Effect of steel tariffs could be felt in Sask. in as soon as two weeks: expert

Effect of steel tariffs could be felt in Sask. in as soon as two weeks: expert

A University of Toronto research fellow says there is a possibility steel workers will be laid off because of the tariffs placed on steel and aluminum by the United States at the end of May. 

"In the short term, you have a prospect of layoffs because we export 45 per cent or so of our product to the States," said Peter Warrian. 

He said such layoffs could happen within two to six weeks.

"Steel is basically ordered on a six-week cycle, so we're going to see reverberations within six weeks."

Warrian also said that if there's fewer exports from the States coming into Canada and vice versa then there is a possibility to open up to other markets Canada previously didn't trade with as much, but it would take time. 

"You can't turn steel mills on a dime. You can't do it with the click of a mouse. That's a three to five-year proposition," he said. 

"What do workers do in between?"

Actions have consequences: prof

When trade is restricted, demand can go down and prices can spike, creating conditions favourable to layoffs. Jason Childs, associate professor of economics at the University of Regina, said it's possible we will now see the effects of President Donald Trump's actions here in Canada.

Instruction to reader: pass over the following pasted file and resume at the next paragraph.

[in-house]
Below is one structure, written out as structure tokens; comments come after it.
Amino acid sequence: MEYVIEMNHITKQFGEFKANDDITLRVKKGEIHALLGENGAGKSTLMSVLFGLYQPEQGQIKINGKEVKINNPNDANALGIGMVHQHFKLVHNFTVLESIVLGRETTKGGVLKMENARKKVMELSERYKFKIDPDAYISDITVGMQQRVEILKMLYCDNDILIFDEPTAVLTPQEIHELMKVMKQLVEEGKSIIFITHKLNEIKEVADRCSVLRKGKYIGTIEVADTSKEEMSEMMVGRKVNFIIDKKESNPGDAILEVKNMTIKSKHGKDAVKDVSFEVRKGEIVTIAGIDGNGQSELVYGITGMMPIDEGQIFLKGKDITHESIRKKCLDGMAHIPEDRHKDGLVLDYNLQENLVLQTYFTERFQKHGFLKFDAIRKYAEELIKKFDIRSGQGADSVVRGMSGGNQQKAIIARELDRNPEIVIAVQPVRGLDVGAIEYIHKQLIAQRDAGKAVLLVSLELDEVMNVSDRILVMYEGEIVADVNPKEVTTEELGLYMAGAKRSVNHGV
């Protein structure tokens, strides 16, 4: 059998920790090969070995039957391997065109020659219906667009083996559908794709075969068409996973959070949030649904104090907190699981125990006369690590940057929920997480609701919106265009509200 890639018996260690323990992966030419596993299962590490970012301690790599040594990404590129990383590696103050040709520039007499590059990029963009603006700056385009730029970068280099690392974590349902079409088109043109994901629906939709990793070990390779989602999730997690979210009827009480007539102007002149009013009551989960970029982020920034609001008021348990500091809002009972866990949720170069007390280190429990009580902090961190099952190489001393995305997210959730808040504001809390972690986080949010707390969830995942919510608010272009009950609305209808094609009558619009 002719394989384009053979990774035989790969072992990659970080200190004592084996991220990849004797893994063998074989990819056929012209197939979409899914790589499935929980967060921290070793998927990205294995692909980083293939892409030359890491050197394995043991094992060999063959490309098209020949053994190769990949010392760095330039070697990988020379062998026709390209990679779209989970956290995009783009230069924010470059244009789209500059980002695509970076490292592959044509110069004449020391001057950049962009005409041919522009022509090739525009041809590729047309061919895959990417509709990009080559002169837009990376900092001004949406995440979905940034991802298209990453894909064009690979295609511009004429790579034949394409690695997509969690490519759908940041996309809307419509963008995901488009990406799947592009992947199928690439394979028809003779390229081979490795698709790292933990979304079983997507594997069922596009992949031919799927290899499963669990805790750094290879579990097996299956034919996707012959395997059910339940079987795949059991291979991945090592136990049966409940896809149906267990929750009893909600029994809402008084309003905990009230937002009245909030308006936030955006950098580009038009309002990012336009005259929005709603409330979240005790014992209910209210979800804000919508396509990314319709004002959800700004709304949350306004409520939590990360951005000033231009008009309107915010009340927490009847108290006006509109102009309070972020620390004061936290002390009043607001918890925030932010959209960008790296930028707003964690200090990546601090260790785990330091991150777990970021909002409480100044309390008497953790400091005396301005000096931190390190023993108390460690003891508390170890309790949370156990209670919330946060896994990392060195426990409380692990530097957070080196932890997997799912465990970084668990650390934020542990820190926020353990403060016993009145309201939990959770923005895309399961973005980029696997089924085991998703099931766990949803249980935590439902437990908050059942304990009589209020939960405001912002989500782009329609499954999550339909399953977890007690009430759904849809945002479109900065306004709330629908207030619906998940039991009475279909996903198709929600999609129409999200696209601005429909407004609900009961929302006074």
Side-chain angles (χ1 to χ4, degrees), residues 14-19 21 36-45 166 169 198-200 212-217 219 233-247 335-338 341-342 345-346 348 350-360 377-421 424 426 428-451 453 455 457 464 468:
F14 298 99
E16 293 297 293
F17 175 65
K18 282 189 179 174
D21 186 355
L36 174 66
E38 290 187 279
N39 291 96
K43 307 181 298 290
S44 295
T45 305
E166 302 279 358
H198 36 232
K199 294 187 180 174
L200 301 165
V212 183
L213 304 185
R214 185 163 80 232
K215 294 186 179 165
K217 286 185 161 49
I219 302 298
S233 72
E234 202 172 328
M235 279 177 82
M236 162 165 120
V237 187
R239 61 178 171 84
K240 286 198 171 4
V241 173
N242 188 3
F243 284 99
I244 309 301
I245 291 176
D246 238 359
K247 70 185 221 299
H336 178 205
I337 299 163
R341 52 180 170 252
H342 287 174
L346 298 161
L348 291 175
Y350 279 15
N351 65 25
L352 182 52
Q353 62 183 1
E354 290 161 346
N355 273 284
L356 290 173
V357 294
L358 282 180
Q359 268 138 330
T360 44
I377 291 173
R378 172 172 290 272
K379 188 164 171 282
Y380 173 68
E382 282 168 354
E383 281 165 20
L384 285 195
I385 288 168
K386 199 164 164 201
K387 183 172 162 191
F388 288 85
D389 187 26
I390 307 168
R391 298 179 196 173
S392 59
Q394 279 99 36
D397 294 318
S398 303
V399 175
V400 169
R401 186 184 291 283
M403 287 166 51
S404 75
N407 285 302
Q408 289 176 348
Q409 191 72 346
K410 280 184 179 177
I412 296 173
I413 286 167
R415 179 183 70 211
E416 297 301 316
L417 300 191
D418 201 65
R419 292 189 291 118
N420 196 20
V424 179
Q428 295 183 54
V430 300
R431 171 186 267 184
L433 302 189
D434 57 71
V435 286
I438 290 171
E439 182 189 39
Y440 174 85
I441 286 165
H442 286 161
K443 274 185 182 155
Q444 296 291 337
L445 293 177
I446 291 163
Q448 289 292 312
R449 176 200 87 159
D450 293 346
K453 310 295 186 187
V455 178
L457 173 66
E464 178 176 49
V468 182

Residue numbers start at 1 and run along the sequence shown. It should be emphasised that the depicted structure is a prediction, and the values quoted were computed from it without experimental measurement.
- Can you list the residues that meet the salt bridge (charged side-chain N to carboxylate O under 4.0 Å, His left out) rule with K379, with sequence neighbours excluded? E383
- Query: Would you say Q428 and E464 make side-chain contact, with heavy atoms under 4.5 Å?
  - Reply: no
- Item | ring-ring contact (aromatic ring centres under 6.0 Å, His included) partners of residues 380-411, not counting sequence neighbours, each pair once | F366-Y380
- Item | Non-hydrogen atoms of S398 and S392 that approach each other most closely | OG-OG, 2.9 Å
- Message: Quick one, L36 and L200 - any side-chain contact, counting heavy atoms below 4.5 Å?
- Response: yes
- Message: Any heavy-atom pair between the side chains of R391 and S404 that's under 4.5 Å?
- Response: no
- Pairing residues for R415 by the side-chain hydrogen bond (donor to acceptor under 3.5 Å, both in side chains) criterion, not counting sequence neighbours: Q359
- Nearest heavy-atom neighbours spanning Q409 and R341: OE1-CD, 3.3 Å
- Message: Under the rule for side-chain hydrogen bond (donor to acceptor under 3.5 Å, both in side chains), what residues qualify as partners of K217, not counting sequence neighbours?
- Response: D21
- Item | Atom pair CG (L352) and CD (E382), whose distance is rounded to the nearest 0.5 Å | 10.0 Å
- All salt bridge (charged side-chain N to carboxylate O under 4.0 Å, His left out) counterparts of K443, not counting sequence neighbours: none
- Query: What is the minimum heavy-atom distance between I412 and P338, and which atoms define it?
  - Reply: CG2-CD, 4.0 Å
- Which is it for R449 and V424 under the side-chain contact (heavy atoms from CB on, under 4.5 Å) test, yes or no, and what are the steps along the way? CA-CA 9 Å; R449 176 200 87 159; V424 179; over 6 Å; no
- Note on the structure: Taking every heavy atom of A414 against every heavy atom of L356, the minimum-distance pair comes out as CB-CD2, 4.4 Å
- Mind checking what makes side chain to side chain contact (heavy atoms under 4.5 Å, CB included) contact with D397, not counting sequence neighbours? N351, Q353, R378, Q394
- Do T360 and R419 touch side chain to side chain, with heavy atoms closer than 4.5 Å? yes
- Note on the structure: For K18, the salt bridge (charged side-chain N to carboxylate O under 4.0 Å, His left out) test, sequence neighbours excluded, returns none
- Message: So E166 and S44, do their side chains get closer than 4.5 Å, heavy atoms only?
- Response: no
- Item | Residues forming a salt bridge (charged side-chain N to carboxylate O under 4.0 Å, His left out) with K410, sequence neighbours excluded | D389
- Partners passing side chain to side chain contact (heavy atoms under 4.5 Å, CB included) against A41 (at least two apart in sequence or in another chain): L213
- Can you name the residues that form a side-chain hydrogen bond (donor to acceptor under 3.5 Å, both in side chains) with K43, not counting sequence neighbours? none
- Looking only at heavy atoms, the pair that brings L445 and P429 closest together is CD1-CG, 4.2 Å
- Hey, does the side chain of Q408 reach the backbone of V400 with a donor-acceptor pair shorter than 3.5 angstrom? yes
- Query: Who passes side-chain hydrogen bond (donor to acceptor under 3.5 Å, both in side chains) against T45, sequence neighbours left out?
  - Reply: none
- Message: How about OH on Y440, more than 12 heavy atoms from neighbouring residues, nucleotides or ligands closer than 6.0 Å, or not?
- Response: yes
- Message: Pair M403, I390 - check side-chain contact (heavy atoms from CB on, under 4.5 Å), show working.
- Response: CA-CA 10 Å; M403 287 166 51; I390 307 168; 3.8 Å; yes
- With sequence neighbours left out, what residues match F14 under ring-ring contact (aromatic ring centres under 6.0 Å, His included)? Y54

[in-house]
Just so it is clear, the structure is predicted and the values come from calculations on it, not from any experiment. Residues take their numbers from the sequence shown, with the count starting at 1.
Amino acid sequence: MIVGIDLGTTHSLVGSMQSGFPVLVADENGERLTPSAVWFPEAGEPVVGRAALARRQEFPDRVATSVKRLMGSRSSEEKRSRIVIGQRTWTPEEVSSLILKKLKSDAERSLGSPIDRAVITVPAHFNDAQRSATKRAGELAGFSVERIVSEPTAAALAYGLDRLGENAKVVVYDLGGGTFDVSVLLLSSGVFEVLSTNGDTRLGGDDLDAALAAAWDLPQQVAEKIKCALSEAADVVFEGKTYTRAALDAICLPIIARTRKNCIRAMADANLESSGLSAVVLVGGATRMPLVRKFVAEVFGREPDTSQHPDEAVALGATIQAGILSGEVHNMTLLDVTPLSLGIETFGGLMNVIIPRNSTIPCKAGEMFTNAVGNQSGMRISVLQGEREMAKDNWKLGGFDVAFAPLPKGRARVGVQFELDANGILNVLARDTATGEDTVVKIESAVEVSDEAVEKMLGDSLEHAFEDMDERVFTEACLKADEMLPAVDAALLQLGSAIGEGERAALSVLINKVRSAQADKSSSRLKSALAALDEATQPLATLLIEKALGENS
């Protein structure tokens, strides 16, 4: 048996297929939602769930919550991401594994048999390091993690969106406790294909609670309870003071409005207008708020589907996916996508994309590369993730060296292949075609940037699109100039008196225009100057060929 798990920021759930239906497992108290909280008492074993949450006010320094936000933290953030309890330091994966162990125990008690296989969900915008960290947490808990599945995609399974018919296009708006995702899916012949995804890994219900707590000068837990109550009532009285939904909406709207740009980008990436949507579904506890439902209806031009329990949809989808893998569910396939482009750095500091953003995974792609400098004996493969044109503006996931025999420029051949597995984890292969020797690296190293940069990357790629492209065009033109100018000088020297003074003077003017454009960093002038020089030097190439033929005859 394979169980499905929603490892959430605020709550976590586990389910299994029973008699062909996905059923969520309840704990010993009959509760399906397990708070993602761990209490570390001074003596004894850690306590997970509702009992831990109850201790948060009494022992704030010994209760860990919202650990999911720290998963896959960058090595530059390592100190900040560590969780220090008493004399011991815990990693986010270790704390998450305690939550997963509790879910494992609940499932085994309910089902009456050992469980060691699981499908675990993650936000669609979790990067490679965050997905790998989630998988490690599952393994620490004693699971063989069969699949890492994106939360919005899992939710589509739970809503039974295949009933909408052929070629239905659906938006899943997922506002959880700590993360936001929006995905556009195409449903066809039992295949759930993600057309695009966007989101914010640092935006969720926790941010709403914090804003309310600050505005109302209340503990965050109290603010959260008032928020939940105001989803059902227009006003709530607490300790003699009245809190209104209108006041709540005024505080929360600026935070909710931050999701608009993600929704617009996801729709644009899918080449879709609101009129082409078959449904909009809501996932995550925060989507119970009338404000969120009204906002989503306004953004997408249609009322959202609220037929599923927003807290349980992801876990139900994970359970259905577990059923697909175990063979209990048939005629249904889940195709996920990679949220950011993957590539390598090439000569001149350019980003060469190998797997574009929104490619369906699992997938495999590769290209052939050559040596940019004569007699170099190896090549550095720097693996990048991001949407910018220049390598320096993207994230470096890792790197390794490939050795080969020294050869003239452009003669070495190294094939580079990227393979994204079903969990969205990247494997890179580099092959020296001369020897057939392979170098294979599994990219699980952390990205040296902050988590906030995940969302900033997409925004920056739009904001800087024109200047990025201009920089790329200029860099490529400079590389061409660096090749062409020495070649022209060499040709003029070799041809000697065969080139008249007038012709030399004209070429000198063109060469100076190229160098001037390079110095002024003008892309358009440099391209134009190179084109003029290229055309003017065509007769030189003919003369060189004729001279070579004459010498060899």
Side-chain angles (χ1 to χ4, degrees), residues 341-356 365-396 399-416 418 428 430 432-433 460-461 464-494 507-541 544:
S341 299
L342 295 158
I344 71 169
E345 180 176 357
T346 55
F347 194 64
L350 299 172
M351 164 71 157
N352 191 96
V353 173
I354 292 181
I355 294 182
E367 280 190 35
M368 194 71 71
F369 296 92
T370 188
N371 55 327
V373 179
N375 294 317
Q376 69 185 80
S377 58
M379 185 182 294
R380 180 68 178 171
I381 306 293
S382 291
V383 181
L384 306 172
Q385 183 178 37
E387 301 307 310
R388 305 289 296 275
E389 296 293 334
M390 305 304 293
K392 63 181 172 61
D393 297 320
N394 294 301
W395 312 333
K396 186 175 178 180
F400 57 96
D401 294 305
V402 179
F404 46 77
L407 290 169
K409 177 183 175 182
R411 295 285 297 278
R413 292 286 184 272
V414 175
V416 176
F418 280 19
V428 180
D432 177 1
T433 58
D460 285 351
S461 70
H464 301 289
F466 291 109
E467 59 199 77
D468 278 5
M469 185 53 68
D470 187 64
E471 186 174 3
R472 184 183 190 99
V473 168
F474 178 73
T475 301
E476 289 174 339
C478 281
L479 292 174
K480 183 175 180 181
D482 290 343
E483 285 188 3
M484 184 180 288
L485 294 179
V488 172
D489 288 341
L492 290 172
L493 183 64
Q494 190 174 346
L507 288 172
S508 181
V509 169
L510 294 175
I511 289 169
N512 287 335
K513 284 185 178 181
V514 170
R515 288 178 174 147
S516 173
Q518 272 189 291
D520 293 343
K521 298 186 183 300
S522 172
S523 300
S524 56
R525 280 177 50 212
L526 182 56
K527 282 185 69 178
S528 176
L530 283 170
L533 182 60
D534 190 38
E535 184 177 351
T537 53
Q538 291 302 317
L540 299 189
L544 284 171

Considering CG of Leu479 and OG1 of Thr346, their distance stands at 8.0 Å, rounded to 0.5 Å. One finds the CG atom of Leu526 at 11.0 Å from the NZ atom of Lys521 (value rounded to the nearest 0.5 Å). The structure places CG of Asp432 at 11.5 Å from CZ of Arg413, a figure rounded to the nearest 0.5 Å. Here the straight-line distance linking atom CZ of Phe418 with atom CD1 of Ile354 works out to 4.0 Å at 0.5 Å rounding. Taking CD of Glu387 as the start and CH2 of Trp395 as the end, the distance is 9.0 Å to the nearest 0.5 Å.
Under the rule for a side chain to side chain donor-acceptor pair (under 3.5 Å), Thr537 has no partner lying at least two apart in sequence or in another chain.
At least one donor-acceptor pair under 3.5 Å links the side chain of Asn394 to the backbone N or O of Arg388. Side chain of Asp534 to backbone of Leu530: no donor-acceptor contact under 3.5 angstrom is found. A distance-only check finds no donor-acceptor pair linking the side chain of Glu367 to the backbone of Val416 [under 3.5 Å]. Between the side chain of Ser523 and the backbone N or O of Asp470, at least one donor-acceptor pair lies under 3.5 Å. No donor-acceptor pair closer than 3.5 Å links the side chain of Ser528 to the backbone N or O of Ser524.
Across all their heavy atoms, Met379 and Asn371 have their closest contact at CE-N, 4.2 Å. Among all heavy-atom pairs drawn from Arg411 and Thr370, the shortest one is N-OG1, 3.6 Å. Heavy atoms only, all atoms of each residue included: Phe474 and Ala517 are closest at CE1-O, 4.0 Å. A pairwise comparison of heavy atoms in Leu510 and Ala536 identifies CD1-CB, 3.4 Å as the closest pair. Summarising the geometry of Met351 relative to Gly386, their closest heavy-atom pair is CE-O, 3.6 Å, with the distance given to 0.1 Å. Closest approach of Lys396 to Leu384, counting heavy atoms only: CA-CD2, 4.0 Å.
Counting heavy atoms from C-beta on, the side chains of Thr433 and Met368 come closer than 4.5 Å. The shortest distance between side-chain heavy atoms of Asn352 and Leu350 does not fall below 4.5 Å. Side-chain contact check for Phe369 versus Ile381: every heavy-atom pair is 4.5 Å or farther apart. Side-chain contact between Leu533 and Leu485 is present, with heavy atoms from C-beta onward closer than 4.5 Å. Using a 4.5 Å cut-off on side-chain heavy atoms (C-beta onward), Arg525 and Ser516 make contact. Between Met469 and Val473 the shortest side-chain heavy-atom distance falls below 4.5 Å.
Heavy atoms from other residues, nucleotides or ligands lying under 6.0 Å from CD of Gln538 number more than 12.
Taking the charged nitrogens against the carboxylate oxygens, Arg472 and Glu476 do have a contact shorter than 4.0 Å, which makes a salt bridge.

"It's going to hit steel and aluminum producers, it's going to hit manufacturers because a lot of that steel goes into manufacturing products here is coming across the border from the U.S. and if we slap retaliatory tariffs on, all that stuff gets more expensive," Childs said. 

"When you see a trade war like this, prices tend to rise, rising prices reduces demand and then you don't need as many workers."

Over the long term, Childs said the effects of the tariffs will be inflationary. 

"It's going to raise the price of a lot of manufactured products that we buy from the U.S.," he said.  

Childs said that the trade war isn't positive for anyone, especially not Saskatchewan. 

"It's really important to keep in mind that Saskatchewan is an [exporting] economy. It's kinda what we do. And if we lose or get cut off from our major markets, the U.S. being probably the biggest of them, then we're going to hurt."